book review (with cover mani!): morning star

It’s funny how time can feel different, depending on what’s going on. It seems like ages ago when I picked up the first book in the Red Rising trilogy but really, it was only last year. So when MORNING STAR was finally delivered to my mailbox, my next stop was the grocery store, where I bought six frozen pizzas because there was no way I was going to waste time doing something as mundane as cooking supper when I could be reading. Haha!

The synopsis, from Goodreads (don't worry, this isn't spoiler-y, in case you haven't read the first two):

Darrow would have lived in peace, but his enemies brought him war. The Gold overlords demanded his obedience, hanged his wife, and enslaved his people. But Darrow is determined to fight back. Risking everything to transform himself and breach Gold society, Darrow has battled to survive the cutthroat rivalries that breed Society's mightiest warriors, climbed the ranks, and waited patiently to unleash the revolution that will tear the hierarchy apart from within.

Finally, the time has come.

But devotion to honor and hunger for vengeance run deep on both sides. Darrow and his comrades-in-arms face powerful enemies without scruple or mercy. Among them are some Darrow once considered friends. To win, Darrow will need to inspire those shackled in darkness to break their chains, unmake the world their cruel masters have built, and claim a destiny too long denied - and too glorious to surrender.


From the first book, RED RISING, I knew that I’d root for Darrow until the bitter end. He was an underdog in every sense of the world—to paraphrase from Drake, he started from the bottom but now he’s here—and it was glorious to watch him rise. Get it? Rise? I know, I’m hilarious (not really, haha!).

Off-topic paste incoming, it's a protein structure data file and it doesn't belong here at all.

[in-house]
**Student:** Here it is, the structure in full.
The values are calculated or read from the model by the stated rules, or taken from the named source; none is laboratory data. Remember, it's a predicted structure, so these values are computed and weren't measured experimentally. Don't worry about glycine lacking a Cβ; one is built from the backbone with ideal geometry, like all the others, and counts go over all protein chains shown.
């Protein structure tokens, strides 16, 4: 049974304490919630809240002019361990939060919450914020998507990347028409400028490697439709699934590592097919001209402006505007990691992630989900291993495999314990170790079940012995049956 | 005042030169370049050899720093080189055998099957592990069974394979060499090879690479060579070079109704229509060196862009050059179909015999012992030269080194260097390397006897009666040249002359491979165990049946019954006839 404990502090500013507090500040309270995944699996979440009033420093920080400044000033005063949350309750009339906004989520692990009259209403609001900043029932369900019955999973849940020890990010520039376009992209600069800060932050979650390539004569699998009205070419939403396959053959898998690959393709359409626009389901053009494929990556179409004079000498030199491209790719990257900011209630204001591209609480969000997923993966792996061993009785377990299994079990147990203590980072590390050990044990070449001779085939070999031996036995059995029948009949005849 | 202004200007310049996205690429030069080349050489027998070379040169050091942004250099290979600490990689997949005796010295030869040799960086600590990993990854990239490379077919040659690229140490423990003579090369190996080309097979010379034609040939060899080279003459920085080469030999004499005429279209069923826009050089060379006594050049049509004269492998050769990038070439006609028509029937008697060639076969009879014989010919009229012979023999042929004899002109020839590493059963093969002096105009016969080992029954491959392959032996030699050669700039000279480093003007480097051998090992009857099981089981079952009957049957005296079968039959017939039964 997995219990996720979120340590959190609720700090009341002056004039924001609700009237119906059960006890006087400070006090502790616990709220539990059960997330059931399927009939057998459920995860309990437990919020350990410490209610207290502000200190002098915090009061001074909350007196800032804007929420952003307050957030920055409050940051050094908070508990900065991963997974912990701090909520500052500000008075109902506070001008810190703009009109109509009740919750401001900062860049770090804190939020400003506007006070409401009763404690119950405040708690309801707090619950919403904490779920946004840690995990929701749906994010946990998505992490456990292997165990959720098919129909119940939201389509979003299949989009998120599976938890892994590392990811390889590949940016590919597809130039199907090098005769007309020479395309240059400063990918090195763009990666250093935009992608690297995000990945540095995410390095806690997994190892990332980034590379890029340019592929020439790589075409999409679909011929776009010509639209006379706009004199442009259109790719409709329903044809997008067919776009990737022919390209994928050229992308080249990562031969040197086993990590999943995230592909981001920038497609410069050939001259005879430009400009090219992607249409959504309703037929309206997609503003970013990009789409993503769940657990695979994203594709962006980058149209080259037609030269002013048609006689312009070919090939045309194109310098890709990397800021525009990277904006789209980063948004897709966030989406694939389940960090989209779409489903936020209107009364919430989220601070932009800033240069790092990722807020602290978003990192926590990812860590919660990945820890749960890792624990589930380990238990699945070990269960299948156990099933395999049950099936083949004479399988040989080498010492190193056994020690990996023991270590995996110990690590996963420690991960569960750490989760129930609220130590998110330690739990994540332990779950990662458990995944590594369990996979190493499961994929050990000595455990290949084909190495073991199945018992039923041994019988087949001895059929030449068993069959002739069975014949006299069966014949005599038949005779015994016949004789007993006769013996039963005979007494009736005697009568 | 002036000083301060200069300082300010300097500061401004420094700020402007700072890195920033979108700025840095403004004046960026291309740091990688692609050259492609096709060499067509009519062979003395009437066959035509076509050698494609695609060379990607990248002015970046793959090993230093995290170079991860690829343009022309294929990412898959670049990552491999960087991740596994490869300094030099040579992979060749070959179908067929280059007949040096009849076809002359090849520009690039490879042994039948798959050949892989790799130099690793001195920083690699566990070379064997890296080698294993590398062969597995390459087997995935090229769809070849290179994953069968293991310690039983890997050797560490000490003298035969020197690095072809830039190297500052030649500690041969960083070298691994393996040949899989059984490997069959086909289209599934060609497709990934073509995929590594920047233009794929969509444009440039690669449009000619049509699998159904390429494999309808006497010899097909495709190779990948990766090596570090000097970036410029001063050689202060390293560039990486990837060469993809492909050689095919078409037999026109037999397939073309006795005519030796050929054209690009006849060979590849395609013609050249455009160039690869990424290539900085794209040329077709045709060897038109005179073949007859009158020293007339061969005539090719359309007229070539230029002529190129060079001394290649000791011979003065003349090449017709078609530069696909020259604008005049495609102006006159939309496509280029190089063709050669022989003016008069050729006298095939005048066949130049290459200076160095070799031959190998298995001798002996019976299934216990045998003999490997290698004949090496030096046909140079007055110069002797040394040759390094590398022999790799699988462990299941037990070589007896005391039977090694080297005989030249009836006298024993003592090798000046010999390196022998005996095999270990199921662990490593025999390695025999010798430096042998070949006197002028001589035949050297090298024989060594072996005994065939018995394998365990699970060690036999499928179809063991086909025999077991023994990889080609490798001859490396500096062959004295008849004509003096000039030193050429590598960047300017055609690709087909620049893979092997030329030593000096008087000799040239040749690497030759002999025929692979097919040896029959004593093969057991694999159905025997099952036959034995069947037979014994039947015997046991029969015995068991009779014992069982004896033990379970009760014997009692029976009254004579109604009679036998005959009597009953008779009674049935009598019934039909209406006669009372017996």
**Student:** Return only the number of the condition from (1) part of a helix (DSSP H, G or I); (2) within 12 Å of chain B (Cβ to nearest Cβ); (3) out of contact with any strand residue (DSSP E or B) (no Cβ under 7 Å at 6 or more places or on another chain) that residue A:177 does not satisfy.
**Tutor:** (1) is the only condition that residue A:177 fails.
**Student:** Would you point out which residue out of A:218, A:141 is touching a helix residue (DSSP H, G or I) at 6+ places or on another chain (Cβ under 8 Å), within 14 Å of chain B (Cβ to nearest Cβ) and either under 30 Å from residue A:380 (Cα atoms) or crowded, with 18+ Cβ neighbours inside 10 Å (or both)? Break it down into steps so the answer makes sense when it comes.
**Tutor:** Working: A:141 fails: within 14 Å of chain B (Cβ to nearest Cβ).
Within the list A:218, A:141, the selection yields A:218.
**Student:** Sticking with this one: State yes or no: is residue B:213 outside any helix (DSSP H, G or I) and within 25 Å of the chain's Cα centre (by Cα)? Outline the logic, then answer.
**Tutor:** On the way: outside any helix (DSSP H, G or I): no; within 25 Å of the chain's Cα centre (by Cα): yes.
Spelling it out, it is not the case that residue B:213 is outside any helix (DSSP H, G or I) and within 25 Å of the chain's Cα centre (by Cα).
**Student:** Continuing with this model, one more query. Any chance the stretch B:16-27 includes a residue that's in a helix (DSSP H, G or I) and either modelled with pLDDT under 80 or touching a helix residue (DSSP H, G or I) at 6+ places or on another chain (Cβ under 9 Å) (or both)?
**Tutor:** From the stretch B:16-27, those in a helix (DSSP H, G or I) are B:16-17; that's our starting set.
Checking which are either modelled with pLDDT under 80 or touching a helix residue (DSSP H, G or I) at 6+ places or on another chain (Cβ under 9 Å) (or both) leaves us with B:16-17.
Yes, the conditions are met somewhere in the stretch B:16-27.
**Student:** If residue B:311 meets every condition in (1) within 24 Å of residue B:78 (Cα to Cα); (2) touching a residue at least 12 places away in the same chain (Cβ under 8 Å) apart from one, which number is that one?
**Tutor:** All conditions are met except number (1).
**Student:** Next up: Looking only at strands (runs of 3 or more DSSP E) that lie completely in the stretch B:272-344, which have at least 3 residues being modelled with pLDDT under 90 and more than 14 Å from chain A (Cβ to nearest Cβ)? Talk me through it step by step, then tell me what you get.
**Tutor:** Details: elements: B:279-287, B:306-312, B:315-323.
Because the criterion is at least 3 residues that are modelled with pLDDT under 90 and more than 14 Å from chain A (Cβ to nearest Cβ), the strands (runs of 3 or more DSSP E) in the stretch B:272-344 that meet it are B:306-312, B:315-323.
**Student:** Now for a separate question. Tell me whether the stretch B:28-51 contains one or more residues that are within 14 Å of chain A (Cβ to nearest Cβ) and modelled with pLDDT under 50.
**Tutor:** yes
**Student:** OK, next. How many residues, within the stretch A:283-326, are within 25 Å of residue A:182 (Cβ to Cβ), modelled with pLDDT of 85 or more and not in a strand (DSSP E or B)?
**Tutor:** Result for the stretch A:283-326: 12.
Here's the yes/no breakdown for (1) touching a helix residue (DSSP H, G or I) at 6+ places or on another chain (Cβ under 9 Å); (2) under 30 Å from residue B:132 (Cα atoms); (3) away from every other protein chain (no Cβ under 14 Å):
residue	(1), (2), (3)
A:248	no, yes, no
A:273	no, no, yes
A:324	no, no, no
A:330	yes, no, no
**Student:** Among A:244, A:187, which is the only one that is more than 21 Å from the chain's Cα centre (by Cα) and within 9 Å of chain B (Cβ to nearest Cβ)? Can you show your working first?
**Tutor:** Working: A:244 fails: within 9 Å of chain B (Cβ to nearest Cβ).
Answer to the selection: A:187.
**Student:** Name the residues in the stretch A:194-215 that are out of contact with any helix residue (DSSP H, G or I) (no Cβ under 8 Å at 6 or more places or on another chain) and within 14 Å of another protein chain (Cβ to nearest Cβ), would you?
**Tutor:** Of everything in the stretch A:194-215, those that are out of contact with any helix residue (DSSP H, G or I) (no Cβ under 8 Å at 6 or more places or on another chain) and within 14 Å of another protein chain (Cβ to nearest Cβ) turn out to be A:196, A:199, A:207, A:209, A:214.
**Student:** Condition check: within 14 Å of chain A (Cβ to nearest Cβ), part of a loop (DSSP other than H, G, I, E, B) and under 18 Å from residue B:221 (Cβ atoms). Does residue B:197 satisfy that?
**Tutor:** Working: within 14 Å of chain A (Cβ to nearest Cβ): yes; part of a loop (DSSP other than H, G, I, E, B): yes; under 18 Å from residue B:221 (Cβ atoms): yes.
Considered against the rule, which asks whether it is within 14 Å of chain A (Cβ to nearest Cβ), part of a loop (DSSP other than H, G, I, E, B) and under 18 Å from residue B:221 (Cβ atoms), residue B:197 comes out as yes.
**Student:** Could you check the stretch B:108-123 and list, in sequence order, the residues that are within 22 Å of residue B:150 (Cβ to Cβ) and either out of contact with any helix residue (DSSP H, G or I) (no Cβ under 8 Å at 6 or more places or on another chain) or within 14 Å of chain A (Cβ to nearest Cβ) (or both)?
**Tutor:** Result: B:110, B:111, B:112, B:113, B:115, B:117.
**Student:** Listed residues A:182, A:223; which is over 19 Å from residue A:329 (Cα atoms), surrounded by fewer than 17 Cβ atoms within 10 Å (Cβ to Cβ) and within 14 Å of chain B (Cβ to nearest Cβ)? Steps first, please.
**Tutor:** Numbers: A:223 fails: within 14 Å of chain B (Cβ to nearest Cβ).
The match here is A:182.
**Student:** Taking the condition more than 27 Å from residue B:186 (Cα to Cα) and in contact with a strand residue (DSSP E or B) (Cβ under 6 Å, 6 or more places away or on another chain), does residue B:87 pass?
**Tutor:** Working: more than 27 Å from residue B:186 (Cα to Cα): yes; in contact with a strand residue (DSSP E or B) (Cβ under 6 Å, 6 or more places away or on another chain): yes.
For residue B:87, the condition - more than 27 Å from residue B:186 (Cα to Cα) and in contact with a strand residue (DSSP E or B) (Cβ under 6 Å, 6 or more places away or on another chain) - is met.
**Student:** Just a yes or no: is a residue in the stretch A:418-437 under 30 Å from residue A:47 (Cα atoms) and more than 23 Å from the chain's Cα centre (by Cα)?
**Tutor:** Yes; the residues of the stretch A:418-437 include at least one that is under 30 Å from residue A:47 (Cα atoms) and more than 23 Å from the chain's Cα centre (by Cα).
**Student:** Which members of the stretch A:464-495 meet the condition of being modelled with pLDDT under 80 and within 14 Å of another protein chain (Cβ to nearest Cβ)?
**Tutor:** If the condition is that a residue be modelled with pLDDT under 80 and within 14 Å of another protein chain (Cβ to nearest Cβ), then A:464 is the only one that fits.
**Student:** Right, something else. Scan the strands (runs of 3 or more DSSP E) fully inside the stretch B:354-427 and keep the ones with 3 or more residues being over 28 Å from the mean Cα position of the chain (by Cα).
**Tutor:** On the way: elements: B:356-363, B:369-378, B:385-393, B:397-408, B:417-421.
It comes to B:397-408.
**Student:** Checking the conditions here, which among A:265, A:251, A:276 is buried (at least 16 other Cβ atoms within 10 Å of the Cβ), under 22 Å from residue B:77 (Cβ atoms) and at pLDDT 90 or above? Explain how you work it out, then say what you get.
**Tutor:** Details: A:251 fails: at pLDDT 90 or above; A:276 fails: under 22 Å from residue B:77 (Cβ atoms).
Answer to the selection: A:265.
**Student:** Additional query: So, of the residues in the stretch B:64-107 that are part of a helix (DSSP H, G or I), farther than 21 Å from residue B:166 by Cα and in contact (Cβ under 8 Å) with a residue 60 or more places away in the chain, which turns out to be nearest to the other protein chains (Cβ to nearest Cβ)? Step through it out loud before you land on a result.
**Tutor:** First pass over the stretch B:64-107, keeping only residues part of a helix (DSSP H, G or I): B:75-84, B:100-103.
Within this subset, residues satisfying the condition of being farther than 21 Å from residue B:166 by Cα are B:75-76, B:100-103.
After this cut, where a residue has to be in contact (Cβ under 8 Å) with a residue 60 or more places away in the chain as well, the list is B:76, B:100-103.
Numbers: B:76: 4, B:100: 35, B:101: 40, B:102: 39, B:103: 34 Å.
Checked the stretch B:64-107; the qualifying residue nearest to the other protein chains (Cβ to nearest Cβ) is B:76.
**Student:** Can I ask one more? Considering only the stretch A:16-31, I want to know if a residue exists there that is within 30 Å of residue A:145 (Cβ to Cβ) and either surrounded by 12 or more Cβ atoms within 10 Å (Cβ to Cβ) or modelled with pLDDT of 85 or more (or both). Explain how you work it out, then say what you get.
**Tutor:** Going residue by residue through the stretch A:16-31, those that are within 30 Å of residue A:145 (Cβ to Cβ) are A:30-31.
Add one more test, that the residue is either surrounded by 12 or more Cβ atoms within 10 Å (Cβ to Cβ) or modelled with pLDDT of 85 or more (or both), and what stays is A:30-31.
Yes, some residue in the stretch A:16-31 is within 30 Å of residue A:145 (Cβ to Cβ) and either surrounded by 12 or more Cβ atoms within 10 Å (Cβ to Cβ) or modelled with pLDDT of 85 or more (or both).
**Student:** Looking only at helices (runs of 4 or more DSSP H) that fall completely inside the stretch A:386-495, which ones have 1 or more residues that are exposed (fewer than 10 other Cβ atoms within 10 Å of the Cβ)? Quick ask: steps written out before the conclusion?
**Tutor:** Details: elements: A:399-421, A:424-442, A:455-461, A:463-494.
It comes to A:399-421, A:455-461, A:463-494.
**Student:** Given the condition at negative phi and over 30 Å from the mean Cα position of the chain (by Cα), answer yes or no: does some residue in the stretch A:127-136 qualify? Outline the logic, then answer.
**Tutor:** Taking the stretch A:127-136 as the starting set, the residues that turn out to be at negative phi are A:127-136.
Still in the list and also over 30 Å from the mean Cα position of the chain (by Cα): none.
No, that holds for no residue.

Anyway, RED RISING set the stage for Darrow’s band of unlikely allies (who were quick to shift to enemies and back again) and GOLDEN SON took those school-time relationships in the real world. Or, the real world of The Society, anyway. This is science fiction, after all. It’s not our real world. Things got all kinds of messy in RED RISING and even messier in GOLDEN SON, where the seriously stress-inducing final scene that had me preording MORNING STAR and then counting down the days until its release because it was all kinds of bad and, frankly, I was beyond anxious about how it was going to turn out.

In fact, the entire series (and MORNING STAR, in particular) was basically a rollercoaster of:

YES, go Darrow go!



and back up to

What the what?! That was crazy pants! Did that really just happen?!

all the way to

Can I even keep reading this because it’s looking so grim? ARE YOU GOING TO MAKE ME BURN THIS BOOK, PIERCE BROWN?*

*note: I’d never actually condone burning a book—this is simply metaphoric. The bibliophiles out there know what I mean. It’s when you’re so invested that when something bad happens, you just need to destroy the badness’s existence. ;)

But the reason why these books are so enthralling is because of how much I cared about the characters. I felt for them—cried and gasped and laughed for them. I knew bad things were going to happen and that my heart would break but I had to keep reading. With countless layers of family dynamics, blood revenge, tarnished friendships, blind loyalty, love, lust, and a whole host of other emotional conflict littering every line on every page, it was a blissfully exhausting experience. I swear there wasn’t a cardboard cliché to be found throughout the entire series. 

And extra props to Pierce Brown because although he created a humungous cast, I never wondered who the heck someone was, or how they related to the story. Yes, it helped to have a list of characters at the beginning of each book, but it was more than that. He’d find the one characteristic that made them stand apart—a memorable moment or description—and it would trigger my memory. It was an extraordinary demonstration of craft (and oh so awesome) because I never got taken out of the story, due to confusion. Instead, I’d understand the gravity of each character’s actions, whether they be good or bad, and each revelation had me turning the page while my hubs was forced to fend for himself because there was no way I wasn't reading through until the end. And oh em gee, what an end it was. 

*sighs happily after wiping face and blowing nose*

So here’s the deal: you need to read this series. You just do. And lucky for you, because all three are out now, you can binge. Just make sure you have easy-to-prepare food on hand. Otherwise, you’ll probably starve. You've been warned. 

1 comment:

  1. your to cute. Have a great week.



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